That's where this board is. We're begging our representatives in Washington to do something, anything.
Within hours of the students' protests, the unimaginable happened. Information was being spread on the internet that some of the student activists were really actors.
Politics had found a new low.
On Thursday, Wayne LaPierre, the chief executive for the National Rifle Association, blamed the media. "They don't care about our schoolchildren," LaPierre said.
Later, the NRA released an advertisement that said we, the media, "love mass shootings."
The NRA also criticized law enforcement, gun-control advocates and the teenage survivors.
What sort of monster does such a thing after the deaths of 17 people?
We wonder if that is the place to start.
We should ask — no, that's not strong enough considering the tough talk from the Marjory Stoneman Douglas students — we should demand that every person running for elected office consider whether they want to have a relationship with an organization such as the NRA, including our own Rep. Elise Stefanik.
It's actually not a lot of money for anyone running for Congress, but it's not the money that gives the NRA its power, it is its ability to mount assaults on any politician who is not in its pocket.
The politicians fear the attack ads.
They fear a negative rating.
They fear even having the conversation.
That's what gives these children an advantage.
They are not afraid. They have nothing to lose. How do you attack 15- and 16-year-olds who have witnessed a horror, when they are making more sense than the entire U.S. Congress combined?
Let's go back to Olivia Feller and the question she wanted to ask legislative leaders:
"Which do you value more: guns or kids' lives?"
It's the question every National Rifle Association member should ask.
It's the question every member of Congress should ask.
We're asking you as well.
The Utica Observer-Dispatch on the 50th anniversary of "Mister Rogers Neighborhood."
If ever we needed Mister Rogers, it's now.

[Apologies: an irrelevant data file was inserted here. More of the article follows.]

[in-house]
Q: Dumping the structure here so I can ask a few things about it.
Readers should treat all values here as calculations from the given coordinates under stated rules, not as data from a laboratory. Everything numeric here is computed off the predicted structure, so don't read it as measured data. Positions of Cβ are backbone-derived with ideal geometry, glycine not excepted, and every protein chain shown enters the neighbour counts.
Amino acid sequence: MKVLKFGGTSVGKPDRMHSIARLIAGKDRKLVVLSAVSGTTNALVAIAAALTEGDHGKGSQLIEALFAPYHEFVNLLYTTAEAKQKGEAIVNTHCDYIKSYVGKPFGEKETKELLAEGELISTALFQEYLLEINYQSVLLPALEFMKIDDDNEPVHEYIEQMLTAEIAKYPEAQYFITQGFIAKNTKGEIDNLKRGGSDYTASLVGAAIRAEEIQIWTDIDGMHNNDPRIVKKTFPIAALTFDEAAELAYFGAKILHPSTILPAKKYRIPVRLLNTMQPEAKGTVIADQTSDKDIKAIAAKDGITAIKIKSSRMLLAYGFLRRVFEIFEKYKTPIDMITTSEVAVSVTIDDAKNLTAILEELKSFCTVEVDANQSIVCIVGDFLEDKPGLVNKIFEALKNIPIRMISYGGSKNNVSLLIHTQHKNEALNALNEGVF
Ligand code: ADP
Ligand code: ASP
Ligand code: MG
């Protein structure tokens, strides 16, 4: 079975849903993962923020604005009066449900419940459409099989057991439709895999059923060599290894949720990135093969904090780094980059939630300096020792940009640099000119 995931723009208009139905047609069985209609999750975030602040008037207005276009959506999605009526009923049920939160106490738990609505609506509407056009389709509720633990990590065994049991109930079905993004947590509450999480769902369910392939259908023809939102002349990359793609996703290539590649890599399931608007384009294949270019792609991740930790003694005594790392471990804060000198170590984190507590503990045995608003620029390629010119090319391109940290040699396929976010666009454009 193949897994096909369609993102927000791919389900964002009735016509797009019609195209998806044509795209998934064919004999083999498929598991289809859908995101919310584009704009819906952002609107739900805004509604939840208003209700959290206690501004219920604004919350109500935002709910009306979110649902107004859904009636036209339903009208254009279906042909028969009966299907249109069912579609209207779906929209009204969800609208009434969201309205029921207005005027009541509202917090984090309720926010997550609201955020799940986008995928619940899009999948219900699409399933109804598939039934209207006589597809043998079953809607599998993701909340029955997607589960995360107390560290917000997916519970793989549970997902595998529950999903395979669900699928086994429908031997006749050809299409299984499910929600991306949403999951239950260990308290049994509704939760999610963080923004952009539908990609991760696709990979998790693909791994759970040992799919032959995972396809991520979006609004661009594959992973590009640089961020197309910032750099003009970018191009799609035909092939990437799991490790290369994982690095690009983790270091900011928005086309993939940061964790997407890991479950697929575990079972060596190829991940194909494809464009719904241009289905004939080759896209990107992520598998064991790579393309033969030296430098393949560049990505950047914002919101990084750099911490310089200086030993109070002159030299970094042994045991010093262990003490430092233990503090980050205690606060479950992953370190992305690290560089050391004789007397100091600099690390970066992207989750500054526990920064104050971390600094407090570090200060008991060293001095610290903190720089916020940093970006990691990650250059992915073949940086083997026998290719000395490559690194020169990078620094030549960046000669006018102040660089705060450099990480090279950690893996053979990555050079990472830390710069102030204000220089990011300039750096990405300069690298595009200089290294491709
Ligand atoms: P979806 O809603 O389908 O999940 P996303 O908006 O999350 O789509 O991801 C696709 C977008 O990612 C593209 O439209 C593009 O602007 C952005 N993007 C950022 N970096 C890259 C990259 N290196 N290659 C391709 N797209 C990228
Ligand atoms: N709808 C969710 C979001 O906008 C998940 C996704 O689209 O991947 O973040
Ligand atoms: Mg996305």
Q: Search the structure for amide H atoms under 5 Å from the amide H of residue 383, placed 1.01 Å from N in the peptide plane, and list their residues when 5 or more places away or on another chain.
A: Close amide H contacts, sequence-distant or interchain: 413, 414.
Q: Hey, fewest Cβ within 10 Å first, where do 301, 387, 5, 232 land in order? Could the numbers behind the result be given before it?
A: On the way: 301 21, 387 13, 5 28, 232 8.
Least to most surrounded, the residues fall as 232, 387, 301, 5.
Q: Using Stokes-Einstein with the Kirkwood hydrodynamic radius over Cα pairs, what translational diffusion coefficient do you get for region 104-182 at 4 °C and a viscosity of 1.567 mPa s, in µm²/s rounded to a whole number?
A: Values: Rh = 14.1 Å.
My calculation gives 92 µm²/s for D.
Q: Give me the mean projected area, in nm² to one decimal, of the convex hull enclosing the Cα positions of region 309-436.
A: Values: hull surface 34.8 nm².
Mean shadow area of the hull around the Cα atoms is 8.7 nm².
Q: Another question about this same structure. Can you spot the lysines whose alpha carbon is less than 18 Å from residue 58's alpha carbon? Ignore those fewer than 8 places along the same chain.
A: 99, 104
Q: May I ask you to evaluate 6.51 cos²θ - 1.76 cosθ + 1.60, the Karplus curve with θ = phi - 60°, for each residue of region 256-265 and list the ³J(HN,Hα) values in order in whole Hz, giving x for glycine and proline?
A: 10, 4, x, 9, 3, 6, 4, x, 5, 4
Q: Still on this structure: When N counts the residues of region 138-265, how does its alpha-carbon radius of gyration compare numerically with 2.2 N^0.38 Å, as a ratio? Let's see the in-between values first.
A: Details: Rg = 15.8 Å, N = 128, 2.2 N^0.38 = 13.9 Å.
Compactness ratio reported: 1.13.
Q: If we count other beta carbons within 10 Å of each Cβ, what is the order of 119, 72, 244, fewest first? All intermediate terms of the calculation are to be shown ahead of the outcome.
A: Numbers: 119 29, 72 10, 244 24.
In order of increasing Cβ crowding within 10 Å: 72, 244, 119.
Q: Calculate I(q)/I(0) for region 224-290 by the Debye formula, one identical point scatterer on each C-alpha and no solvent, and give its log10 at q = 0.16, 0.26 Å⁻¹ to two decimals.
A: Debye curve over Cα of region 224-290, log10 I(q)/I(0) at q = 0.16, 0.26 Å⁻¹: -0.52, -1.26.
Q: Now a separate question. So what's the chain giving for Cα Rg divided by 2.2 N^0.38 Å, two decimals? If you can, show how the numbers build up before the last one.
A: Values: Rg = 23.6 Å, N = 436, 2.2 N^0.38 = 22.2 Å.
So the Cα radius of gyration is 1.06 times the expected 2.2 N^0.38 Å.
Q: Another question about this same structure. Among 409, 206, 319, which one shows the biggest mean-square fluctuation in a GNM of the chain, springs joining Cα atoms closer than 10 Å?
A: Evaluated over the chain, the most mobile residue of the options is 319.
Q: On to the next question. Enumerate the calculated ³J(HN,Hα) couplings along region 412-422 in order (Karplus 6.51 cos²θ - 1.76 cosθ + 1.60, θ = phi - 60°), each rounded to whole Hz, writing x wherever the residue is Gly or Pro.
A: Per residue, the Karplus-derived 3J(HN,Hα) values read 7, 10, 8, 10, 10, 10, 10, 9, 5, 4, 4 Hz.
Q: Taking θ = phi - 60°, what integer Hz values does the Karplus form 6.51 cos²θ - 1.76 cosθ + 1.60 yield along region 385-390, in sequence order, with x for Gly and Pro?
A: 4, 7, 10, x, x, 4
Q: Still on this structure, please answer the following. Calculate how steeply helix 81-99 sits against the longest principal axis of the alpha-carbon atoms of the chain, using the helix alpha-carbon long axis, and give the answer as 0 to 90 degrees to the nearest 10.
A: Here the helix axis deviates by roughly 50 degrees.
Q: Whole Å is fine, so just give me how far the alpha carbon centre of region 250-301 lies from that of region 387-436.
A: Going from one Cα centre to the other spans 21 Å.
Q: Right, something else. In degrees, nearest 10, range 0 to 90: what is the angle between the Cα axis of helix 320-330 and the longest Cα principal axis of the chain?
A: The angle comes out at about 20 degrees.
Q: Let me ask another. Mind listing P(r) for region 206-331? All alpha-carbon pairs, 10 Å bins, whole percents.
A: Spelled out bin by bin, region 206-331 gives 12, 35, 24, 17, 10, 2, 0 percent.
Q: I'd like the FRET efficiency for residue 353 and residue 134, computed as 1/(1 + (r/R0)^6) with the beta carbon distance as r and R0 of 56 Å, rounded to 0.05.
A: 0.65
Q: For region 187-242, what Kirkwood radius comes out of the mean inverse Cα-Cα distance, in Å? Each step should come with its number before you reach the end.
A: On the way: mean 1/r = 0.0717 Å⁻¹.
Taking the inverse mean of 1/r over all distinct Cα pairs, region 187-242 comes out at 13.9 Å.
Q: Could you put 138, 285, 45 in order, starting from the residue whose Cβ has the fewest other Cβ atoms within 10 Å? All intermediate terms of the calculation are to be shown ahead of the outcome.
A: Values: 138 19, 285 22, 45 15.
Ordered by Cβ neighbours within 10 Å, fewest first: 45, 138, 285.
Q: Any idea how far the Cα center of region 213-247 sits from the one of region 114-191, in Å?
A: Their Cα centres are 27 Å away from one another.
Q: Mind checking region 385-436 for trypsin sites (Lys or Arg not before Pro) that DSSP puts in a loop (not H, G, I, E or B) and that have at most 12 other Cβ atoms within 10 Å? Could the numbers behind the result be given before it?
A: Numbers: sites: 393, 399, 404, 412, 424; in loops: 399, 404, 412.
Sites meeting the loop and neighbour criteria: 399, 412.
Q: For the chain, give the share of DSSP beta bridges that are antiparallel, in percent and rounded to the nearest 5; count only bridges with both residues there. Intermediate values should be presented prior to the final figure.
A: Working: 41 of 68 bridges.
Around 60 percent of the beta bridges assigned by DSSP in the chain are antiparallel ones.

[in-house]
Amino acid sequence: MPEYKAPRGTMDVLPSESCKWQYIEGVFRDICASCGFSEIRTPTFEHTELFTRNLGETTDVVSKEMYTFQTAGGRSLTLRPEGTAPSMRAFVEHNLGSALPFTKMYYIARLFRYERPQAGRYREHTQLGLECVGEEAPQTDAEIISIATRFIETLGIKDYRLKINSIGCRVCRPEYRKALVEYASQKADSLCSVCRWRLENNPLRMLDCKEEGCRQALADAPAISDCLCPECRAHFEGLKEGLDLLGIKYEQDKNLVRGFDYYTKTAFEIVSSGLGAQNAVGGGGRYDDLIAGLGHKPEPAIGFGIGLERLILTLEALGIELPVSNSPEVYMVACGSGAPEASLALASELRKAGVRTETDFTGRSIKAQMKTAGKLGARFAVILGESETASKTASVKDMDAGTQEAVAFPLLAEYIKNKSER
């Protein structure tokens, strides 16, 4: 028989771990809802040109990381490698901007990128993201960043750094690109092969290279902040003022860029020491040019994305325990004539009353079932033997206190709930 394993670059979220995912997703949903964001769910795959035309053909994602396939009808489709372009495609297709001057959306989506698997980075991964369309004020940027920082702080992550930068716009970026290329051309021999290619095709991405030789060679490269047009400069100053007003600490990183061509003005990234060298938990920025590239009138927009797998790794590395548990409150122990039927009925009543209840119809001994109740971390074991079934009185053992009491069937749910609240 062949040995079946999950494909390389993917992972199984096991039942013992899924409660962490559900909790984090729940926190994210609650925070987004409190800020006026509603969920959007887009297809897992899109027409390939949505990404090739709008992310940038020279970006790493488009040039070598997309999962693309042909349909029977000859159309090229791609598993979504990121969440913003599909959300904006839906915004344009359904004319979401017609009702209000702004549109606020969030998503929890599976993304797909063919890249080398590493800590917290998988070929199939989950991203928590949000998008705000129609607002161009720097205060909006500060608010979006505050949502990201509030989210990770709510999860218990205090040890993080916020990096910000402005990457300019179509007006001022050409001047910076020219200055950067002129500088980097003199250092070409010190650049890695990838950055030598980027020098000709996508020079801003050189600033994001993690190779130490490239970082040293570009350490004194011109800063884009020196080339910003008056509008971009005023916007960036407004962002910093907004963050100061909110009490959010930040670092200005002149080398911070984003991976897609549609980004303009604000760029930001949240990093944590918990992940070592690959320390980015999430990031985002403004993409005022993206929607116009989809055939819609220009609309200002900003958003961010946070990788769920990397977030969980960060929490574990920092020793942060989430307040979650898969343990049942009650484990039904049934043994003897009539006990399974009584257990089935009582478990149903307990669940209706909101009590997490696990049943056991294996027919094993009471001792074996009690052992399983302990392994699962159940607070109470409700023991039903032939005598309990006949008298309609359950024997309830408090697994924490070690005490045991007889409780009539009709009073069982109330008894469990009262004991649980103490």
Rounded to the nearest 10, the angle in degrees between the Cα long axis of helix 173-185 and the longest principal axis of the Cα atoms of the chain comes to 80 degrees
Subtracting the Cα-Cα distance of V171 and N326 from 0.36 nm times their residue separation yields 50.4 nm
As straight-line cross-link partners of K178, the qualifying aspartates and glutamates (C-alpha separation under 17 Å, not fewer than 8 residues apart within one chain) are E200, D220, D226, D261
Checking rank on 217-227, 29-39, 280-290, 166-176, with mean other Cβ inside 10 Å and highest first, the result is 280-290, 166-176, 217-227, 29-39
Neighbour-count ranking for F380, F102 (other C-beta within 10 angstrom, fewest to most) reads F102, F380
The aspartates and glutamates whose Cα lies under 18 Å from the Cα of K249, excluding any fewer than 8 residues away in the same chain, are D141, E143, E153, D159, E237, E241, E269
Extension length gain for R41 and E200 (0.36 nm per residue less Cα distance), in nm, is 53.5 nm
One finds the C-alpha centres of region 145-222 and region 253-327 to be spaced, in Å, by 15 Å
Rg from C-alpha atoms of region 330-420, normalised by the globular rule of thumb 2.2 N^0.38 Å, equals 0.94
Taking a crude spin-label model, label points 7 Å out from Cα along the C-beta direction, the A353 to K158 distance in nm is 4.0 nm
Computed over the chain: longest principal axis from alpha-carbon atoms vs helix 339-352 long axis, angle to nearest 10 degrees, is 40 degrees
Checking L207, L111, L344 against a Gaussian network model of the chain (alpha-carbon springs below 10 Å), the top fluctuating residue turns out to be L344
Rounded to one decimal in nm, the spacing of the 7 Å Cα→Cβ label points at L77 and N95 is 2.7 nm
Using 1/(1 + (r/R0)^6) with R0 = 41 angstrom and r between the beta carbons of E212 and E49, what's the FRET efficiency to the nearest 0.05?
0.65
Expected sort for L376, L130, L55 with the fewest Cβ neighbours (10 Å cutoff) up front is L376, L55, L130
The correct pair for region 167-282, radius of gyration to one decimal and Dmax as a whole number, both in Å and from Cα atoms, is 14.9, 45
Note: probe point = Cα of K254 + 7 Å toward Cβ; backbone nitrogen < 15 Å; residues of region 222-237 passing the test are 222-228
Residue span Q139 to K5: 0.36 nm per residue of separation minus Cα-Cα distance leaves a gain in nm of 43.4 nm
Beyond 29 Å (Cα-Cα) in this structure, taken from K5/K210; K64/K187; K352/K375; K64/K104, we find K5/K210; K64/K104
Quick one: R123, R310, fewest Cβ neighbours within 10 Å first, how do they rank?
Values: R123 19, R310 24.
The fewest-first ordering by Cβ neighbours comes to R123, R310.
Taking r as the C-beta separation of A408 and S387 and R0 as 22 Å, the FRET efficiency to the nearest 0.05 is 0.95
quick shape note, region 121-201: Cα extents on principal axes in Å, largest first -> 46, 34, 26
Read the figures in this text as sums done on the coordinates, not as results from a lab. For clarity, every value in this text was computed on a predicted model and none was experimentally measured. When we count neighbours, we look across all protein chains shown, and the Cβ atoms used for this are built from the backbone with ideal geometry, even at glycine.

And, happily, we'll get him. Well, sort of.
Fred Rogers, that affable TV personality whose love for children was certainly a reciprocal deal, died in 2003. Children's TV hasn't been the same since.
But this year is the 50th anniversary of this friendly neighbor's first TV appearance, and it's being celebrated with a PBS special next month, a new postage stamp, a feature-length documentary coming out this summer and plans for a TriStar Pictures production, "You Are My Friend." And who better than the versatile Tom Hanks to portray the beloved icon.
"Sometimes I think I wish we had a bat signal for Mister Rogers right now," said comedian Sarah Silverman, who has hung a portrait of Rogers on the set of her Hulu series "I Love You, America" for inspiration.
Rogers, an ordained Presbyterian minister, produced the pioneering TV program at a Pittsburgh PBS station in 1966. It went national two years later. Few can forget that opening scene where he made a gentle entrance into his TV home, removes his jacket and changes into a mom-made zip-up cardigan sweater — one now hangs in the Smithsonian Institution — before taking off his shoes and slipping into a pair of sneakers, all while singing the theme song, "It's a Beautiful Day in the Neighborhood." Rogers composed it — and all the music on the show — himself.
The show was focused primarily on preschoolers. But, PBS always said, it was appropriate for all ages.
And it was.
"No one has come along like him," actor John Lithgow said in a recent interview with the Associated Press. "Everything is based on high stimulation. He really was exactly the opposite. He had such a sense of children's' developmental needs. And I think that's under assault these days."
Lithgow is right. Rogers' rapport with little ones was a very natural one. He was always Mister Rogers, never stepping out of character, and he always spoke directly to his audience, discussing various issues at the age-appropriate level. As Lithgow pointed out, he talked on the level of children — "not talking down to them, not talking up to them, just talking right to them."
That's especially important in today's world.
But it's not so simple anymore. Parents today often struggle with ways to explain what's happening in our broken world, and despite our best attempts to shield and protect little people some of the terrors we face, it's sometimes unavoidable. Kids not only say the darndest things, as the late Art Linkletter said, but they also hear the darndest things. And they ask the darndest things.
One can only surmise how Fred Rogers would address the tough issues and put them in pint-size context. But he would do it. There was no one like him.
On March 6, Michael Keaton will host a PBS special on Rogers, "It's You I Like," featuring Comedian Silverman, Lithgow and other celebrities like Whoopi Goldberg, Yo-Yo Ma, Grammy winner Esperanza Spalding, actor/producer Judd Apatow and others.
"It's You I Like" is the title of one of Rogers' songs:
It's you I like,
It's not the things you wear,
It's not the way you do your hair—